The Directors Studio’s production of Richard Vetere’s newest work, Lady Macbeth and Her Lover, is decent. The story and its themes are so intriguing that I want everything about this production to be better.
Inspired by the lives of acclaimed poets Sylvia Plath, Anne Sexton and Elizabeth Bishop, the story opens with poets and lovers, Corrine (Maja Wampuszyc) and Hope (Christy Escobar), making a suicide pact so they can escape their lives and be together. Corrine is unable to follow through with it, while Hope dies and becomes posthumously famous. Years later Hope’s daughter, Emily (Christy Escobar), comes to Corrine seeking her poetic advice and approval. Initially Corrine seems delusional and cold with her blunt honesty, but the truth is she just wants to be loved. Emily and Corrine become lovers and colleagues, and as Emily grows into a better poet, their relationship changes.
The first act is very much about Corrine, her cowardice and her illusions. After the first scene of the play paints Corrine in a questionable light, it is difficult to care about her desires later in the play. Just as she convinced Hope to commit suicide, she manipulates Emily to stay with her, to be her protégé and her lover. The reason Emily decides to stay is unclear, but it isn’t until the second act when Emily begins to present as a full character with desires of her own. The second act has a shift of power and conflict, which is the saving grace of the whole performance.
Brittany Vasta’s scenic design and Jennifer Fisher’s costume design are the most finished elements of the show. The set is a collection of coordinated furniture with sheer curtains that give projections life. The costumes show the passage of time and the characters’ personal transitions very clearly.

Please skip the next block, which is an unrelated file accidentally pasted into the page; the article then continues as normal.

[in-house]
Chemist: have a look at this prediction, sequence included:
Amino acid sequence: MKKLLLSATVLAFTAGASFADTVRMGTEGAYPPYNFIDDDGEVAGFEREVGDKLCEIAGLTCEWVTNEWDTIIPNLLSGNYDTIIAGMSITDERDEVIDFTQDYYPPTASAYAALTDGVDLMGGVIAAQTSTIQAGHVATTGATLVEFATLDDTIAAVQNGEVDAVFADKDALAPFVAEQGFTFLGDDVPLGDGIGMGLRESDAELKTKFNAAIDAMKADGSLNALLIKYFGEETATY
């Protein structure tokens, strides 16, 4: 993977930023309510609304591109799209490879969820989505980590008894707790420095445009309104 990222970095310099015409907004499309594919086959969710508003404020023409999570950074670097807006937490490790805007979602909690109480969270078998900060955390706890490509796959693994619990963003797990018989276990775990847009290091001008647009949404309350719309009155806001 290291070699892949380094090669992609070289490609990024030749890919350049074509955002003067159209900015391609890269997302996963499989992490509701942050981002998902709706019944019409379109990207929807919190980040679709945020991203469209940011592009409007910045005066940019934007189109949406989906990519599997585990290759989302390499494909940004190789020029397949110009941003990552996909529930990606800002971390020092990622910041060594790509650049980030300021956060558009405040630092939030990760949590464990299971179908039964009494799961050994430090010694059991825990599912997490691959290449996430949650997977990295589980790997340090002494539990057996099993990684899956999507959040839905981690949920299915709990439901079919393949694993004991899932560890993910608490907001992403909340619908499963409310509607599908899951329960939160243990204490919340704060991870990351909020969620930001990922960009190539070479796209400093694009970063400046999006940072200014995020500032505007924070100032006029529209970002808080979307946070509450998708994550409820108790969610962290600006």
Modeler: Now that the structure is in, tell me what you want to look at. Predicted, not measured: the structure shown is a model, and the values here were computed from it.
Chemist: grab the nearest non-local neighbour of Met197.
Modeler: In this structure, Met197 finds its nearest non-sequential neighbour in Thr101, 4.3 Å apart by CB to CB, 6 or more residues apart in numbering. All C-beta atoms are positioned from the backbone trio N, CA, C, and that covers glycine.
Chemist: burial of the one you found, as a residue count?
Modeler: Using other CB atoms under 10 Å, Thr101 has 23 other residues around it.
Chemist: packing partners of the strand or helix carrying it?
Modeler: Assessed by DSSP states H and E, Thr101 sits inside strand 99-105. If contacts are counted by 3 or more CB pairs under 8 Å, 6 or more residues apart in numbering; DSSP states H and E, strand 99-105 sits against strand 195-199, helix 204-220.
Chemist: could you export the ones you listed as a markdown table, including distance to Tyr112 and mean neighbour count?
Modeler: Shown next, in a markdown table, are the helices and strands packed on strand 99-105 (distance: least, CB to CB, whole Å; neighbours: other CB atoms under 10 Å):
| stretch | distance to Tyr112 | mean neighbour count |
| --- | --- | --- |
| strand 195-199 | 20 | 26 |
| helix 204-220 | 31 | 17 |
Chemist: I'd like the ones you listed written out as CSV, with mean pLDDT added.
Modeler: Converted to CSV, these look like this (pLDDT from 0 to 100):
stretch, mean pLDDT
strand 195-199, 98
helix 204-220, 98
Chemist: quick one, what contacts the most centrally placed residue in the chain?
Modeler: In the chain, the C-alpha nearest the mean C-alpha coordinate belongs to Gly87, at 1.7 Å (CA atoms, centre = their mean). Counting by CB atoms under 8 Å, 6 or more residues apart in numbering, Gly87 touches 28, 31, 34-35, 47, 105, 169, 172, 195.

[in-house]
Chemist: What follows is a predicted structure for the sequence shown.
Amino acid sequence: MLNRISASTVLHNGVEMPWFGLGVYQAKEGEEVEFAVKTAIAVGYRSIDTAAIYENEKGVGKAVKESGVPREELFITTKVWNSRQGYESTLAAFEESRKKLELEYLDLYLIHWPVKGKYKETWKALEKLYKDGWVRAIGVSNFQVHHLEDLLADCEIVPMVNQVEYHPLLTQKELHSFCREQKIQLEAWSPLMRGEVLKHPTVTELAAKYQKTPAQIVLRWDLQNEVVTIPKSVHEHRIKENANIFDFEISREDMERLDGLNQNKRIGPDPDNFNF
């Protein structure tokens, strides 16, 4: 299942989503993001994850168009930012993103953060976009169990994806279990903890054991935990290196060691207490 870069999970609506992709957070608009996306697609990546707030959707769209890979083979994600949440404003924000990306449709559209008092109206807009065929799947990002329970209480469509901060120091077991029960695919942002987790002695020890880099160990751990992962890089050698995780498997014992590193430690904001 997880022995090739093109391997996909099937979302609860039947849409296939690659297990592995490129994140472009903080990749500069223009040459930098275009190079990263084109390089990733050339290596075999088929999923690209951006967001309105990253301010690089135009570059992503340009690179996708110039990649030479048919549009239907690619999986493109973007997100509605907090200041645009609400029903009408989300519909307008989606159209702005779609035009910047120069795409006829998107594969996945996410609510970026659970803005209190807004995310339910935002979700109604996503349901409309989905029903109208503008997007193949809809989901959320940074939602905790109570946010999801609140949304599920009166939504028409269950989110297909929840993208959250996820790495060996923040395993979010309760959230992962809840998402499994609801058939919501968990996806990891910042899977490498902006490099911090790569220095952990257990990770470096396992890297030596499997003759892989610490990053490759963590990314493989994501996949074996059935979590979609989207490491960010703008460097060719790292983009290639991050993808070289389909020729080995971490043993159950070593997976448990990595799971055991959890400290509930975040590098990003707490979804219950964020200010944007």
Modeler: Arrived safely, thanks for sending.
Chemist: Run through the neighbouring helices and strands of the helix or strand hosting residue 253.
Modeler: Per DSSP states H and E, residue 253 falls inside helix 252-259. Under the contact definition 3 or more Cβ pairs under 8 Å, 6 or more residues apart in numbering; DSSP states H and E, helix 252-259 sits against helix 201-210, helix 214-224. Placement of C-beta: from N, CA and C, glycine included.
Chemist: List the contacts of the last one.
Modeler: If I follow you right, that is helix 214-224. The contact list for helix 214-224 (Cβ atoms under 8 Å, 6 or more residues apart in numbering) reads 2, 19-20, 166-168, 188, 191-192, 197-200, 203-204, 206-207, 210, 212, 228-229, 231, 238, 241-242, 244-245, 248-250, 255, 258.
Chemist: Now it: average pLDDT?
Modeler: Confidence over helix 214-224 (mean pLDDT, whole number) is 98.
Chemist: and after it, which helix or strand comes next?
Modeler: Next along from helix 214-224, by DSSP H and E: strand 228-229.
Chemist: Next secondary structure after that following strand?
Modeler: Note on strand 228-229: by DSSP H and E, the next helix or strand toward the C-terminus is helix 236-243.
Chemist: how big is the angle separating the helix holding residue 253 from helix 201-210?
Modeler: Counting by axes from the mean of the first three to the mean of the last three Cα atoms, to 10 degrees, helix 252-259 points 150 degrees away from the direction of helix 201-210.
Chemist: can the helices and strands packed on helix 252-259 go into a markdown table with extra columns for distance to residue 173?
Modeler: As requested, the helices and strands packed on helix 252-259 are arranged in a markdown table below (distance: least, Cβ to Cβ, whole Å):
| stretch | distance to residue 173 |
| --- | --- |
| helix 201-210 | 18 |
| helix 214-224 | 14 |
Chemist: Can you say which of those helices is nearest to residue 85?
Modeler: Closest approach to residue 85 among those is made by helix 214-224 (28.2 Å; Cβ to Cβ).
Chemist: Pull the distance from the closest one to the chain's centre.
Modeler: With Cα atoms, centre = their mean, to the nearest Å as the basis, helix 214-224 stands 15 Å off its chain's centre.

The majority of the movement feels very natural, yet Michelle Bossy’s direction lacks the edge and suspense to spotlight the complex world of the play. There are moments in which the actors sit or stand still for 5-10 minutes length of conversation. In addition to the sometimes robotic delivery of lines, this choice is problematic.
Maja Wampuszyc feels very unnatural. Her speech has a cadence that suggests she memorized the lines in a particular way. This is unbearable because she does most of the talking. Only a handful of the moments she plays actually feel truthful – which is ironic because her character, Corrine, is so committed to truthfulness.
Christy Escobar, seems a strong actor and this comes through in a few moments of the play, yet it’s hard to see her ability when her scene partner is spitting out words like punching numbers into a calculator. In the second act, the two of them have a far better chemistry. This is likely due to the presence of conflict and a clear power shift .
Richard Vetere’s dialogue is very poetic – intriguing, beautiful and full of occasionally misguided wisdom – but the poetry often obscures the function of conversation. It is his chosen theme and inspiration that I find most captivating, and it is the exploration of this theme that fuels my desire for this work to be a thousand time better than it currently presents.
In theme, the play grapples with the complicated feelings and choices that are required to be a good poet. The scenes, and Corrine’s attitude in particular, alludes to the idea that a poet (or any artist, perhaps) requires a thorough exploration of one’s own darkness. She says, “There is something rich and wicked in digging deep into places the majority of people don’t want to think about.” She then attests that Hope, Emily’s genius-of-a-poet mother, was a failure of a human being because she chose to be a poet first. Corrine then begs Emily to dig deep inside herself in order to become a better poet, as if she cannot be good otherwise. I do not contend that the exploration of personal darkness can be a choice, nor that it can be mined for creativity and yield great artistic work. However, the circumstances of this play do not comment on or allude to the mental illnesses or physiological traumas that often accompany the struggles that brilliant artists have experienced in their lives. Considering the lives of the great poets this work is inspired by, this neglect seems a grave error.
The exploration of this subject matter is very gripping and bothersome – which is why I want Lady Macbeth and Her Lover to improve toward greatness. Work that causes me to ruminate over the existential struggles of artists is worth perfecting.